… so why do we insist on assessing them differently?
Well, we are all human aren’t we? There must be some very close similarities between a child and an adult, or is it really the case that there is a sudden point when one stops being a child and becomes a different entity all together? I am not talking about legally, but developmentally, can we say a child has developed into an adult on a 16th birthday, an 18th, a 21st or any other time? Surely this is a continuous function where the small differences occur gradually and with time. A close friend of mine is in his 50s and acts like a 16 year old on a regular basis.
What has this got to do with assessment you are asking?
What is good for adults is good for kids.
It occurred to me the other day, while we were working on our assessment system, that we should take lessons from the way we get assessed in adult life, and what helps us progress and improve our practice and our behaviours. We should apply these lessons to the way we assess students, hoping that what works for us, works for them too.
We don’t though, do we? When was your work last graded? When were you last placed on a rubric for your performance? When did someone last write a summative comment to you with no expectation or even permission for a response? I can say that this has not happened since I left University, and even then very very rarely. It is basically a school thing … for children!
Assessment as a conversation
Without the crutch of assessment to help me in life, it is remarkable that I have made any progress at all really. But if I have, what has made this happen? Conversations are a good start. I have had great conversations with people, some who have praised me, some who have pointed out my failings, and the best ones where people have done both. The point about them is that, being a conversation, I have been able to reflect, respond and request clarification.
From assessment to evidence
But, without grades or rubrics, how do I know that I have done something of value? How do I demonstrate it to others, so they know too? The evidence is in the thing itself. I am proud of the Island Futures curriculum which is innovative exciting and revolutionary, but it is no good me telling you that, or someone giving it a grade or a place on the rubric. The curriculum itself is the evidence. Come to island School and see.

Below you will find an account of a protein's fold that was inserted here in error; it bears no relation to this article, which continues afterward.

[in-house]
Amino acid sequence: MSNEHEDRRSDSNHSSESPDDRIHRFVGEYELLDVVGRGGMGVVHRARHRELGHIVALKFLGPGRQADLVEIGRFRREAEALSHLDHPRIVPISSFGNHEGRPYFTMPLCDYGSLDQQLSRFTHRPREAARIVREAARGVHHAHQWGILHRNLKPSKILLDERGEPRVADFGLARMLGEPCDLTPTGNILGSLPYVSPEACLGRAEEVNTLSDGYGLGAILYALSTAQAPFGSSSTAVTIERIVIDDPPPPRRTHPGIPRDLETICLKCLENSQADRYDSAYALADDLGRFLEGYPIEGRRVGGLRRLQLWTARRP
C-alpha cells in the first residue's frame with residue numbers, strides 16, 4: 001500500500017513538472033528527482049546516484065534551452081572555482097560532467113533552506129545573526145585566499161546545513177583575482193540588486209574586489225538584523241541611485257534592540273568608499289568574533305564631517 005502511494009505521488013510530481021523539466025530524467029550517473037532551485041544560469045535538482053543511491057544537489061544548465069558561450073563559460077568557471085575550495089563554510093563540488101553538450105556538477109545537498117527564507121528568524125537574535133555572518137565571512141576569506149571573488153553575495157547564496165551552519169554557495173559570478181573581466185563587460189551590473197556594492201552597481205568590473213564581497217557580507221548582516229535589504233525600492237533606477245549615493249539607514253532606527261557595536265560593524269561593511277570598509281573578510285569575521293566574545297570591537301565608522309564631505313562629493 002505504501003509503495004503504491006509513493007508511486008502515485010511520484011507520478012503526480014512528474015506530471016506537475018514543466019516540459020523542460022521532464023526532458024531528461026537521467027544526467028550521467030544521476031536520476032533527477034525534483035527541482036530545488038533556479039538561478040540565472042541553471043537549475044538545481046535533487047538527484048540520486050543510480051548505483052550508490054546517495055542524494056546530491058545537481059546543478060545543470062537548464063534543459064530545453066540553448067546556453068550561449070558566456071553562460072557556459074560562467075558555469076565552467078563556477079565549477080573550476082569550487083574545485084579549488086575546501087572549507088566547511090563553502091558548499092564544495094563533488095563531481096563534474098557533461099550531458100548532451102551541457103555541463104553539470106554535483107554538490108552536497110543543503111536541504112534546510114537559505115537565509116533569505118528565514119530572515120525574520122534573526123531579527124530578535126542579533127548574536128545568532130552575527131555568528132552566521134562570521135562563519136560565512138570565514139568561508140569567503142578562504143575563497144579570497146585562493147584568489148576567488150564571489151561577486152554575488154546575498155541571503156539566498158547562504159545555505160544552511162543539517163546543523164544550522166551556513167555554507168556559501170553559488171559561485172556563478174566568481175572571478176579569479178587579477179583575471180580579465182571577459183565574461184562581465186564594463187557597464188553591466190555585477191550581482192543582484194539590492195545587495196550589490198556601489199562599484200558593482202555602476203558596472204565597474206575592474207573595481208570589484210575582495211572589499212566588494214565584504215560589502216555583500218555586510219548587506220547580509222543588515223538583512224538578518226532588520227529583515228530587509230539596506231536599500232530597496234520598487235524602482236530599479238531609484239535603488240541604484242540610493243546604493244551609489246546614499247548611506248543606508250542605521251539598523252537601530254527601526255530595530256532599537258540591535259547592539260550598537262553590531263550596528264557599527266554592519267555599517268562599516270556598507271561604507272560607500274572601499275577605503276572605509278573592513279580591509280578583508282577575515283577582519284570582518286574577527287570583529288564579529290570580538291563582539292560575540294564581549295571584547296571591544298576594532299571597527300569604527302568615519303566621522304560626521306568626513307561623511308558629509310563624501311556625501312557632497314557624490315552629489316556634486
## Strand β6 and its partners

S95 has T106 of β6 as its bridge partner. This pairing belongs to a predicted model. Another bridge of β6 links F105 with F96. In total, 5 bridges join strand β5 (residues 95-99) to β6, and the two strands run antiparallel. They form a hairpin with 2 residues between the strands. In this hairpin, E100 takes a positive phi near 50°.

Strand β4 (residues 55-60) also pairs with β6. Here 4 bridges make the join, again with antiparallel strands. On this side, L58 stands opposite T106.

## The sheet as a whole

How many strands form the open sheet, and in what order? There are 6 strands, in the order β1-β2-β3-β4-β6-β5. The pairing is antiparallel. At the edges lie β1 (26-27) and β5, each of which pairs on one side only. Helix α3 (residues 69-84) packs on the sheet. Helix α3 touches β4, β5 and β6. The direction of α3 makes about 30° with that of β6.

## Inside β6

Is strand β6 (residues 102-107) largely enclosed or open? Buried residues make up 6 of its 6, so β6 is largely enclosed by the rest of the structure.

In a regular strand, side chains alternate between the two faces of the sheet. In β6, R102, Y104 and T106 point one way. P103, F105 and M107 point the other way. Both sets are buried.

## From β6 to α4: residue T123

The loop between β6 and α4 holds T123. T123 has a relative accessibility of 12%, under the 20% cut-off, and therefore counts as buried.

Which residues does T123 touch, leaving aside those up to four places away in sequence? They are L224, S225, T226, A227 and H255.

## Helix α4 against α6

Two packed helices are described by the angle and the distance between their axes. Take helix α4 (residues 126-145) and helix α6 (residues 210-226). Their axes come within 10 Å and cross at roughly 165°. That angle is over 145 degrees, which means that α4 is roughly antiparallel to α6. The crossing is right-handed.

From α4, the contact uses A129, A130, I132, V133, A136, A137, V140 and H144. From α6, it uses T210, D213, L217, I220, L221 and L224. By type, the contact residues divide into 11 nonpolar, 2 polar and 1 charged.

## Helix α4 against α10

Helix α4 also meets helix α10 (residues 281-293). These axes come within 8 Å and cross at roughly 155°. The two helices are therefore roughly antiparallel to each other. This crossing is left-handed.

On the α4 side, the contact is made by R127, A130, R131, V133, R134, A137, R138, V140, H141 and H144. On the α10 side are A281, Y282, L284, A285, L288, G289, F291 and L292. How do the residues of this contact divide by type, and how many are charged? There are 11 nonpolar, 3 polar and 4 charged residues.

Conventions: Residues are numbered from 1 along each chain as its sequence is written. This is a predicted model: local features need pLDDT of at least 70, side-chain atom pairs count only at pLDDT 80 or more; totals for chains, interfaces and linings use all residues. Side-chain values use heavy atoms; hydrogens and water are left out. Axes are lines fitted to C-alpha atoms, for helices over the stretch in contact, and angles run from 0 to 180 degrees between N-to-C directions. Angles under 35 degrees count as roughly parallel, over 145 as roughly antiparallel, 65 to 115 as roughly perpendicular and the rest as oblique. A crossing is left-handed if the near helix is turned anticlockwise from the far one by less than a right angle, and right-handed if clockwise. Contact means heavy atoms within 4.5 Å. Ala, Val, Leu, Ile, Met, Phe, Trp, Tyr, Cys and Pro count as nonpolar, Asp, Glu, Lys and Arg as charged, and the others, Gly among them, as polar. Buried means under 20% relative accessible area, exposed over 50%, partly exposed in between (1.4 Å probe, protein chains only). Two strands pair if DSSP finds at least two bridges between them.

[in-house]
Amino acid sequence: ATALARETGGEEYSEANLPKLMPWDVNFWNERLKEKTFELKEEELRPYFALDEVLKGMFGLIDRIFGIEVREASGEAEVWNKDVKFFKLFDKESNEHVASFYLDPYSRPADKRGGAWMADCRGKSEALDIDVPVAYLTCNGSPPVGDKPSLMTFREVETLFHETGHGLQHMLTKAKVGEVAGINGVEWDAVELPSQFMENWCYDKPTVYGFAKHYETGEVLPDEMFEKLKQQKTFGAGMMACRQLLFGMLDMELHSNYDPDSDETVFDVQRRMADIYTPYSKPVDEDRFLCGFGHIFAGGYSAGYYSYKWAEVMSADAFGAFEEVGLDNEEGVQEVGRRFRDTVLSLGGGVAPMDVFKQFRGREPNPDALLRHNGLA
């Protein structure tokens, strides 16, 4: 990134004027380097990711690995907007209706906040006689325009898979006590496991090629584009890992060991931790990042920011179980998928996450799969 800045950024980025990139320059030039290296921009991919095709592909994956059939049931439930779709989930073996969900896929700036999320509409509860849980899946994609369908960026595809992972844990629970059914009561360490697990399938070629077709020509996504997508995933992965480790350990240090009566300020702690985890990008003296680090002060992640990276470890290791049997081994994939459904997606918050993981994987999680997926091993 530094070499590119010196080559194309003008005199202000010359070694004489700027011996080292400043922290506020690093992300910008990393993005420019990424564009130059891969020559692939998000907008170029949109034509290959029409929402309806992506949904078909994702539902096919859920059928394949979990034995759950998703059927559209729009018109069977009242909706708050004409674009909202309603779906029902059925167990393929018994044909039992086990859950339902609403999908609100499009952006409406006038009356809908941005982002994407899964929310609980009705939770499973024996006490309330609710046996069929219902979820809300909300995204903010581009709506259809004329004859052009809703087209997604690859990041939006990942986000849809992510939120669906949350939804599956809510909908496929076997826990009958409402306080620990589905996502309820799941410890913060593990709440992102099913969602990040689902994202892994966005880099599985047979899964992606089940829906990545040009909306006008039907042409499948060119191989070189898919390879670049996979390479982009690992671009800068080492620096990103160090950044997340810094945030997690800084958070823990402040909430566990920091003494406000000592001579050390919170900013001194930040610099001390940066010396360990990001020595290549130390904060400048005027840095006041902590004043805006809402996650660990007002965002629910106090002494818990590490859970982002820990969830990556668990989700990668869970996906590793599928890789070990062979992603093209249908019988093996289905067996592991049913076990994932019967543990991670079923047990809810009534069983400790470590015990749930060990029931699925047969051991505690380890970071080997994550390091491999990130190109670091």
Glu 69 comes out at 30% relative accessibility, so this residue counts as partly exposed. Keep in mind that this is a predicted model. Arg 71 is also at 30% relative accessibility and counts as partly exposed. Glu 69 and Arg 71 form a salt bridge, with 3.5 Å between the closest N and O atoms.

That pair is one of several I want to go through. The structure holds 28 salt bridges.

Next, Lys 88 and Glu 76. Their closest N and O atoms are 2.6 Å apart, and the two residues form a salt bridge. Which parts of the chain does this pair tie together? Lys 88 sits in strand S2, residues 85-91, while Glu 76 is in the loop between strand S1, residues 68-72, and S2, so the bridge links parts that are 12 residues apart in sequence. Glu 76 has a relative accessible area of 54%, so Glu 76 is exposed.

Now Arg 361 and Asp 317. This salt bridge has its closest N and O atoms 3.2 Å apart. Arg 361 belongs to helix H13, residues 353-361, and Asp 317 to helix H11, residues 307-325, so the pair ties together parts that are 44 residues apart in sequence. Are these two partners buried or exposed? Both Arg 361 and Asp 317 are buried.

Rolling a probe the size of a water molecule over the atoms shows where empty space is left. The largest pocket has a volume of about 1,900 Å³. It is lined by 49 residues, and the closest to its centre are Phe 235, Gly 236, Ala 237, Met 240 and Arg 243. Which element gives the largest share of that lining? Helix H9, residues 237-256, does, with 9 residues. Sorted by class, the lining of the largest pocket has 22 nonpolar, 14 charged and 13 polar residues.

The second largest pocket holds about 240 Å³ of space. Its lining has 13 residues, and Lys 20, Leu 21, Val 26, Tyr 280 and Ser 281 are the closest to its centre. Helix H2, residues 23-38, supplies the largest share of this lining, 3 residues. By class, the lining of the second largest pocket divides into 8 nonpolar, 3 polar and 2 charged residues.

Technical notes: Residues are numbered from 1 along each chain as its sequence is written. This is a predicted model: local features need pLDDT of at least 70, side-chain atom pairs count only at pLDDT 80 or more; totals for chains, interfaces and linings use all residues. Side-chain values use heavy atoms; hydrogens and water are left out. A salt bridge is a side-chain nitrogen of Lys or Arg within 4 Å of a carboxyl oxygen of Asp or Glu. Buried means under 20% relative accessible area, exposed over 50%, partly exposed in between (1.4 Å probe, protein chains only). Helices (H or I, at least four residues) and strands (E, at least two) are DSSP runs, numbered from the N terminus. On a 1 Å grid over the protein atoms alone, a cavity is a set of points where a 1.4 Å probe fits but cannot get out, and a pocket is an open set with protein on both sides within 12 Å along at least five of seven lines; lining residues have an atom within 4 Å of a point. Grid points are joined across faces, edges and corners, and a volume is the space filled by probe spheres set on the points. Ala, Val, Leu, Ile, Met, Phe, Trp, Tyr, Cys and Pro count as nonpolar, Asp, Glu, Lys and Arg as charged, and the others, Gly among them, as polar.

Creating the picture of myself
I can put together a list of the achievements I have been involved in, and decide how to display my talents. I can create the portfolio of the things that show the range of my skills and show you the evidence of them.
All this is obvious, but we still apply different rules for students. Let’s apply the same rules that work for us. Swap assessment for evidence, base the process on conversations and allow the students to put together their portfolio that shows the range of their skills.
What is good for kids is good for adults.
Let’s look at things in reverse. If we have a good assessment system for students, that is formative, empowering and developmental and doesn’t rely on grades and rubrics, can we learn from this?
There are still schools who base their staff appraisal, or performance management, or whatever it is called in your system, on the metrics of class results. That end up grading teachers as bad, good or outstanding, and sometimes pay them on this basis. Why not use the same system for the adults as you do for the students. If it works for one, it should work for the other.
What we need is an assessment system for students, that gives them control over what evidence they choose to demonstrate their skill development, which is based on conversations. In the same way we need an appraisal system for teaches that gives them control over their portfolio to demonstrate their development and is based on conversations.
These are the same thing. Is there a system out there that does this. I don’t think so. We will make one. When we have it, I will put it on this blog.